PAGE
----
A.I Audio Transcription
If you’ve been following the automotive world in recent years, you’ve surely noticed that hybrids and electric cars became the new big thing with manufacturers.
There’s solid reasoning behind it as well. Aside from performance benefits with high-end cars like Ferrari’s latest hypercar, consumer-grade cars target efficiency and cleanliness. But have you ever wondered how they work, what are their weaknesses, and are they THAT green?
With this article, I’ll dive in on the juicy details behind electric vehicles and hybrids to uncover their secrets.
Hybrids Are Electric Vehicles On Steroids
When you look at a hybrid drivetrain, you’ll find an internal combustion engine (ICE) and one or more electric motors (EM).
The smart ECU that controls everything is often programmed in a way that enables you to choose the drive mode.
Generally, the choices include a full EV mode, a dynamic mode that actively switches between the ICE and EM.
With performance-oriented vehicles, there are also one or more performance modes in which the EM helps the ICE with acceleration.
On the other hand, EVs only have the EM to move them around. Other than that, the way they work is more or less the same as with hybrids.
The ECU features a couple of modes, ranging from conservative to performance oriented.
However, electric vehicles have a serious issue with heat, which drastically affects the batteries.
Hybrids don’t have such an issue as they’re pre-programmed to switch to the ICE if there are any problems with the motor drive.
The Heart Is The Electric Motor
As mentioned above, electric motors need electricity to run.
Most EMs used today are either 3-phase induction motors or brushless DC(BLDC) motors.
It’s important to note that BLDC motors aren’t DC motors. They’re called that because of the DC power source, but they’re 3-phase motors.
The motors are AC, but the batteries are DC. So how can they run?
The answer is easy-we use inverters that convert DC to AC.
Now that we can feed the motor with its food of choice, we can make that glorious torque.
The current that goes into the motor produces something called Tesla’s Rotary Field or in layman terms a rotating magnetic field.
In BLDCs, the field is a product of the interaction between the permanent magnets on the rotor and copper winding on the stator.
In the induction motor, the interaction occurs between windings on both the rotor and stator.
The amount of current that’s fed to the motor dictates how much torque they’ll produce.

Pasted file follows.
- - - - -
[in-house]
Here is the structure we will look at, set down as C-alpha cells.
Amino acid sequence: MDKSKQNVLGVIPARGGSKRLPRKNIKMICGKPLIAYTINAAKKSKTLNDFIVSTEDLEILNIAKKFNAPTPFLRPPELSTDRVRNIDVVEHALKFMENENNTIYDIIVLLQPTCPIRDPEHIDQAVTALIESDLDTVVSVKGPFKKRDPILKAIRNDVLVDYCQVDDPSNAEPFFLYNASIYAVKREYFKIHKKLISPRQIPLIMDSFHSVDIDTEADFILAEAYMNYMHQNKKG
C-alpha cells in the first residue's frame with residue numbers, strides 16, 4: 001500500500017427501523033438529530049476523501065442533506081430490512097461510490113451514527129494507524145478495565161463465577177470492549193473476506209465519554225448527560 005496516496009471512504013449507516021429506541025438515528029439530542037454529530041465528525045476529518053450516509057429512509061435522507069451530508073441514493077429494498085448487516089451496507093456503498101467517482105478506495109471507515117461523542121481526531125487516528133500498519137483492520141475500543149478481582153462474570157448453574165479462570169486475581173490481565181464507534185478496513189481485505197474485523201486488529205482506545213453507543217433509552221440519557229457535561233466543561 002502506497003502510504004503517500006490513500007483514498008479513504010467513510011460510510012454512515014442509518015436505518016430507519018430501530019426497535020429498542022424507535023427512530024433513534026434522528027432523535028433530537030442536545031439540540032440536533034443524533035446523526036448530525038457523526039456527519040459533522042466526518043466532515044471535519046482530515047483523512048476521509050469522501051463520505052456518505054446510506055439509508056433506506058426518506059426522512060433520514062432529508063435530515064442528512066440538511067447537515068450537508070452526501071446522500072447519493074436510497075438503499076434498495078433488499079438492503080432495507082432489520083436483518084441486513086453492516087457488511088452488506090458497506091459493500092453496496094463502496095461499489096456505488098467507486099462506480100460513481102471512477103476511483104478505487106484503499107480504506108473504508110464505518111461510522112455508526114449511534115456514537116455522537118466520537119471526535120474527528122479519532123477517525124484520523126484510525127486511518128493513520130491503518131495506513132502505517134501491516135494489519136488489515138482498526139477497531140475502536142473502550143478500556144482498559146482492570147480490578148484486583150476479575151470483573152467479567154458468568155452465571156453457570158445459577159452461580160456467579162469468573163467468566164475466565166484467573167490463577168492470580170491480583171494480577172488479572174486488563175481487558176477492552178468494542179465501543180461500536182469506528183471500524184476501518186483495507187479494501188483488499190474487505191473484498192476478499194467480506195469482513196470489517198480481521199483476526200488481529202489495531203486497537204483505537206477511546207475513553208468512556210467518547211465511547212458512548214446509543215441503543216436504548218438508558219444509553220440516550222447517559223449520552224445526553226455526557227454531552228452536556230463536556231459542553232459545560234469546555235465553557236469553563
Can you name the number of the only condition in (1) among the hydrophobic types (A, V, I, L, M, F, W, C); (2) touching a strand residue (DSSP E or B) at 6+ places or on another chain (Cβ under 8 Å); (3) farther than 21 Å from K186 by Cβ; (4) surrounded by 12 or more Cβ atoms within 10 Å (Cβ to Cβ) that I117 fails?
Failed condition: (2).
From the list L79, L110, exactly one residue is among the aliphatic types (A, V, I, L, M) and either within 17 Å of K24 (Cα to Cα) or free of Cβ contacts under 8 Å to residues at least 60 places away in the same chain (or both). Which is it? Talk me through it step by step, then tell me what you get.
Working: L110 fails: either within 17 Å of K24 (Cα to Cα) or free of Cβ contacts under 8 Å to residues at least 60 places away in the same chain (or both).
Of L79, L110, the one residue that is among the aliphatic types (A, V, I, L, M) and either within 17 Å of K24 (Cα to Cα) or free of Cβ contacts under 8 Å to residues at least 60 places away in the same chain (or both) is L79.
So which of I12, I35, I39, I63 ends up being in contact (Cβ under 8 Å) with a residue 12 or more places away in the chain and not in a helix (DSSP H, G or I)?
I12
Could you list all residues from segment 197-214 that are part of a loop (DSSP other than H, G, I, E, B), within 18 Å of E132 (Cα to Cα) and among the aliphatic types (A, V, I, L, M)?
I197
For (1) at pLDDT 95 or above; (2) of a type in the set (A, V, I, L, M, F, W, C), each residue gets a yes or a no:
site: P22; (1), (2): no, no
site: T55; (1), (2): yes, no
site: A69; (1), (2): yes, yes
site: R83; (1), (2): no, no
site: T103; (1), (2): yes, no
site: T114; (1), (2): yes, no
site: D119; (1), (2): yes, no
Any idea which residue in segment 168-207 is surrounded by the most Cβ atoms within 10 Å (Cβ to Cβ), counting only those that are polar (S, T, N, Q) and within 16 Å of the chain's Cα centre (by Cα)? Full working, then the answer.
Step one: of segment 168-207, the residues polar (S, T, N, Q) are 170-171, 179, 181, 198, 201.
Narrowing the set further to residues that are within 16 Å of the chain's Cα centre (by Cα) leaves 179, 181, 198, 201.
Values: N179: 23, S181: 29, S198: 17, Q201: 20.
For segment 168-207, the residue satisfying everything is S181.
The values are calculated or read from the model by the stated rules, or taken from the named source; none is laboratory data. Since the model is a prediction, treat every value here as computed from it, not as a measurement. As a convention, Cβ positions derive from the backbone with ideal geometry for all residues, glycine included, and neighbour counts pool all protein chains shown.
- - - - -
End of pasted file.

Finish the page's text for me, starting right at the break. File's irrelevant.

The Downsides Of Electric Motors
Even though EMs are incredibly rugged and straightforward, with just one moving part, they do have their weaknesses.
During their operation, EMs get hot. That’s normal because of the resistance of the windings, the current flowing through them, and the conversion of energy.
However, too much current can get them very hot, which damages the insulation on the windings and can cause a meltdown and often times a short circuit.
It’s the same as if they’re not appropriately cooled.
Another thing that can harm an electric motor is losses during conversion.
They don’t damage the motor in general but significantly affect the performance.
Since the production of heat often follows losses, the motor can overheat.
If it doesn’t overheat, the performance will be terrible.
How Do They Compare To ICEs?
Electric vehicles are incredibly efficient so they are green, but sadly, the batteries that power them are not that green.
Yes, they don’t produce exhaust gases when they run, they don’t smell and aren’t noisy.
But the batteries are usually charged from the grid, meaning we need power plants.
The batteries also have a shorter lifespan than an ICE and are considered electronic waste. This is bad because they’re filled with chemicals such as Lithium, Nickel, and Cadmium(NiCd are rarely used nowadays) which can pollute the Earth.
But in general, yes, I’d say that electric vehicles and hybrids are more fuel efficient and eco-friendly, compared to an ICE vehicle.
Also, the torque is instant, which is what matters to a petrolhead.
Sadly, there’s no sound, except the electronic hum of the motors, but that’s a discussion for another time.
In my opinion, hybrids and EVs are ideal in the city, since it’s mostly stop and go traffic.
I’d still rather choose the instant fill up and go of the ICE for the open road and long journeys.